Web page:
In the end, really, he was hamstrung by his irrelevance. The Lib Dems have never performed well in Rochford & Southend East, and after handing power to the Conservatives for five years there’s no love left for them in the constituency. Peter tried his best, but even he seemed to know that he wasn’t really in this fight.

Simon Cross – Green Party

Simon Cross is an interesting character, with whom I have had more than a few disagreements. I respect his passion, but I do feel that sometimes it gets in the way of his point. That came across here a bit.

Simon performed much better later on in the hustings, once he had calmed down and stopped shouting. It doesn’t come across entirely in an audio recording, but for at least the first half he was red in the face and bellowing down the microphone. It was well received by the numerous Green squad members in the audience (Many of whom were voters in Southend West… -Ed), but my sense from the rest was that he needed to tone it down a bit.

On the issues, he was a little woollier than I think he believes he was. Pointing to your manifesto and describing it as “fully costed” is not a substitute for actually explaining your policies — though I do recognise that the time limits on the answers didn’t help in this respect.

I don’t agree with Simon, though I know that others will. Not enough to win the constituency, I suspect, but we’ll see on May 7th. In the meantime, I suspect his shouting and lecturing style might put off as many would-be voters as it wins.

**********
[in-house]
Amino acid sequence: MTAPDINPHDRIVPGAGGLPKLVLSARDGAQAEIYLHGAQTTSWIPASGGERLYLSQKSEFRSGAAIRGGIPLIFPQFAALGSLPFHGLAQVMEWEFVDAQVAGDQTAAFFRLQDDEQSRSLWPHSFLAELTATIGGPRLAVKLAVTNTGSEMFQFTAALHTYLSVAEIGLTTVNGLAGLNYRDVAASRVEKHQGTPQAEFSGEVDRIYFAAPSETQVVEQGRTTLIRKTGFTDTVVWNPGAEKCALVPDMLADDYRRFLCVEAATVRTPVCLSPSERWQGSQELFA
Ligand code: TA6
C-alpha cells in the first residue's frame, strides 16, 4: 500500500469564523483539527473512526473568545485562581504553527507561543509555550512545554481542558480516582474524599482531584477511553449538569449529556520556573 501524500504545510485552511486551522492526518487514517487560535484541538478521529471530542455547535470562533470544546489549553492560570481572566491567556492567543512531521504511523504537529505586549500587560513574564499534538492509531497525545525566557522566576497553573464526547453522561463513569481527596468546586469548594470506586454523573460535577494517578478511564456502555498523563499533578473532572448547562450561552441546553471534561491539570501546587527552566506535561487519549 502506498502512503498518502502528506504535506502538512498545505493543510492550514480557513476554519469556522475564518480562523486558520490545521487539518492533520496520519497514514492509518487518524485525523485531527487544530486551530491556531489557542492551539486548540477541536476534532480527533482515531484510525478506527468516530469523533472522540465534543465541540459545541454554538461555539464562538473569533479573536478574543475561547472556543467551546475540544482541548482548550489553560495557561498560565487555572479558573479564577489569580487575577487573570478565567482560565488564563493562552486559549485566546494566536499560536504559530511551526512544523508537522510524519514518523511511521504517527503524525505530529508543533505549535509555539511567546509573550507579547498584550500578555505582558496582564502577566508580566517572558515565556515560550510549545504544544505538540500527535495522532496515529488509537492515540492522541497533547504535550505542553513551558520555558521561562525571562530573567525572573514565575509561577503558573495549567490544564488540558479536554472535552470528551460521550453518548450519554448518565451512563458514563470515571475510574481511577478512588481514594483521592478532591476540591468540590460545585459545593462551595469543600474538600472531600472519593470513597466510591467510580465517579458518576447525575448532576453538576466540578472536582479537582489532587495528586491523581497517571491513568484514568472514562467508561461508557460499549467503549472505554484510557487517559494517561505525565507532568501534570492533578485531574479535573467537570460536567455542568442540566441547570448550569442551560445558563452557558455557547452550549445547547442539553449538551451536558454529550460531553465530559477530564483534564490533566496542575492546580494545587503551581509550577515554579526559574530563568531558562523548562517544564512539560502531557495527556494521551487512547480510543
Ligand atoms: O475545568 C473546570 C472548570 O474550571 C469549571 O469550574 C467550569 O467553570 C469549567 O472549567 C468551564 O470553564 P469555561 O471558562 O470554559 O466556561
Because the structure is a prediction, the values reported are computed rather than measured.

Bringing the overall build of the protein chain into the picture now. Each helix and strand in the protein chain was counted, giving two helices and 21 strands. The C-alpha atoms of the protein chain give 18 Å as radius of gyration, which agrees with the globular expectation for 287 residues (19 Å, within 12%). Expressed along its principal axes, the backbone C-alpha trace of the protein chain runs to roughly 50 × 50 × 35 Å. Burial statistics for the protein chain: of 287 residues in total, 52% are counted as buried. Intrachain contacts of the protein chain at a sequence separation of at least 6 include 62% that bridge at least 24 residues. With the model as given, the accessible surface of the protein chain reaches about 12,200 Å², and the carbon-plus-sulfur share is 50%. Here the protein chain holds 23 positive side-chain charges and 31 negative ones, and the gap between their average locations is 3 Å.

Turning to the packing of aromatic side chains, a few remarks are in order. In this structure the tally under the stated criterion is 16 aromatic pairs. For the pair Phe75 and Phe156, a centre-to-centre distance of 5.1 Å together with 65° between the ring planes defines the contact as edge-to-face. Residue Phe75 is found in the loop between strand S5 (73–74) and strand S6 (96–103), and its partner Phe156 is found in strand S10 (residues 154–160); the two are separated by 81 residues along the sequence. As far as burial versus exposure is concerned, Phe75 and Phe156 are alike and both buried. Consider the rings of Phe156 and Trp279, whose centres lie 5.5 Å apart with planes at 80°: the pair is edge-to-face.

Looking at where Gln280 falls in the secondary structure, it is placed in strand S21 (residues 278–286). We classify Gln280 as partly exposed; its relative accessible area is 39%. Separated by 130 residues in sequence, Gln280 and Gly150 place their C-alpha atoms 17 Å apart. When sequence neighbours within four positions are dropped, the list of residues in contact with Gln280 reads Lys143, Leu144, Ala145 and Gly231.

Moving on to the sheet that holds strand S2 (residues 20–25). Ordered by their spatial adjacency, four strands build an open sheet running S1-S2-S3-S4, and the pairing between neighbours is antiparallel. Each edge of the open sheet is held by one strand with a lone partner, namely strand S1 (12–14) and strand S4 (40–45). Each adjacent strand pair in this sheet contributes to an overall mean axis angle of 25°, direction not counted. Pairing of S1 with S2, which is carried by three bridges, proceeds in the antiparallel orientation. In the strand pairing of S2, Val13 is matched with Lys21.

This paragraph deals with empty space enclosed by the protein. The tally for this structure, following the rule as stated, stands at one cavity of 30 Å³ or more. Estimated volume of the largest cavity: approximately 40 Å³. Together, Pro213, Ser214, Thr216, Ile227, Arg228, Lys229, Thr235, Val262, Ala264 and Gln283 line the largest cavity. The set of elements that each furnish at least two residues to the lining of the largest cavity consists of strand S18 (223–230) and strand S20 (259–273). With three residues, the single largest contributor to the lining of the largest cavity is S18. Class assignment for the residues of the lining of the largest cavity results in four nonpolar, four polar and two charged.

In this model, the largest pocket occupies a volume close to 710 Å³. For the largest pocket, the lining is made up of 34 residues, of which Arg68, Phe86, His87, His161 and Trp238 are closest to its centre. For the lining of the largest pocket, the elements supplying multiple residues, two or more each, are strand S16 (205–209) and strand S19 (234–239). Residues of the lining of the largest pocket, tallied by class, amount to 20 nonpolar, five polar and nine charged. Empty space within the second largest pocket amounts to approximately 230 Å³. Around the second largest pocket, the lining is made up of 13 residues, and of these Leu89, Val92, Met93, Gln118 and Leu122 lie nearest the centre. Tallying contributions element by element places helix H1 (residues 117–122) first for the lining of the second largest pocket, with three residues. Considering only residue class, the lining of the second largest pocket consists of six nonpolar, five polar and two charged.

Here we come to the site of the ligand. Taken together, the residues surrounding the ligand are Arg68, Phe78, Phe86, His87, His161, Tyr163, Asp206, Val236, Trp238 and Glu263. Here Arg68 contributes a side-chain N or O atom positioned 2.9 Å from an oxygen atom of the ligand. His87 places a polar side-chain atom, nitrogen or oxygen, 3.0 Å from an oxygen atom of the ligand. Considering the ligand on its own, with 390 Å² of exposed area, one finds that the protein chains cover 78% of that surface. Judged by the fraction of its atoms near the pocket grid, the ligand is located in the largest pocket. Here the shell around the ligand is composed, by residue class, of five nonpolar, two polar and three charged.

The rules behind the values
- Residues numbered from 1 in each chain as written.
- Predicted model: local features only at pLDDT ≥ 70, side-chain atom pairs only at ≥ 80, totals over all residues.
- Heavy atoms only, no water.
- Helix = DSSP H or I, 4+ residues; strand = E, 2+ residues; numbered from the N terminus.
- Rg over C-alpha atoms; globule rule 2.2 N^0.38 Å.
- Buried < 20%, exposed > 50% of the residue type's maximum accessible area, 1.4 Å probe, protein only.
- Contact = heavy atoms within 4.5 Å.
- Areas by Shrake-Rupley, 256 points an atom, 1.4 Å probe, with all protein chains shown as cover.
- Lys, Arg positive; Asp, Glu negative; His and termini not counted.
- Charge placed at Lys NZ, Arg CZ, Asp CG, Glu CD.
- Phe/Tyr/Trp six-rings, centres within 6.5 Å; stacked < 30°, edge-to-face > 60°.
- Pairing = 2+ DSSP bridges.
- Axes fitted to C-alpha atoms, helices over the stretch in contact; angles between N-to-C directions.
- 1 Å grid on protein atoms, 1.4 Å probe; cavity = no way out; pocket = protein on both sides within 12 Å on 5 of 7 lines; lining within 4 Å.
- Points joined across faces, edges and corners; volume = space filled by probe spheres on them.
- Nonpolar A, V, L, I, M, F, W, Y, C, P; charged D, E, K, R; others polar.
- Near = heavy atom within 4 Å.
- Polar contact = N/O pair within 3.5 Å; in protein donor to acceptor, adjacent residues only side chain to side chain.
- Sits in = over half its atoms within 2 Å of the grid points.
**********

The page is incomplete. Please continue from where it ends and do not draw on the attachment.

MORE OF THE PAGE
James Duddridge – Conservative

As you would expect from a 10 year veteran of the House of Commons (And yes, James, that makes you a professional politician; though whether that’s a bad thing or not is a matter for discussion -Ed), James was the most polished in terms of presentation. He’s not known as a maverick — though when it comes to his EU policy, we do have to wonder — so his answers were fairly predictable.

He focused on how good an MP he has been and how good this government has been, a point on which many will disagree, and unlike David Amess at the Echo hustings in Southend West at least managed to sound coherent. He lost the audience on a number of issues, revolving around poverty, foodbanks, etc. And, particularly, on the Mediterranean drownings.

James repeatedly refused to call for the patrols to be reinstated, on the grounds that they wouldn’t be 100% effective — to which I refer readers to Ian Gilbert’s excellent riposte above. He’s correct, but that’s no reason not to do them. And whilst he’s also right that we need to tackle the long- and medium-term causes, such as the political situation and criminality in the North African countries of origin, I’m disappointed in James as a Foreign Office minister. If somebody is drowning, you save them.

Floyd Waterworth – UKIP

Floyd Waterworth did exactly what we’ve come to expect of him from the council chamber, and did not turn up.

He gave his apologies, and apparently had a longstanding prior engagement, but I am disappointed nonetheless. For me this epitomises the lack of respect which UKIP show to the people of Rochford & Southend East. He could have put his views forward, he could have offered his opinions, given that nobody has seen or heard anything of him, we’d at least have known what he sounds like.

But no. Nothing. And is there any evidence to suggest that, should he be elected, he would turn up to parliament? Shameful.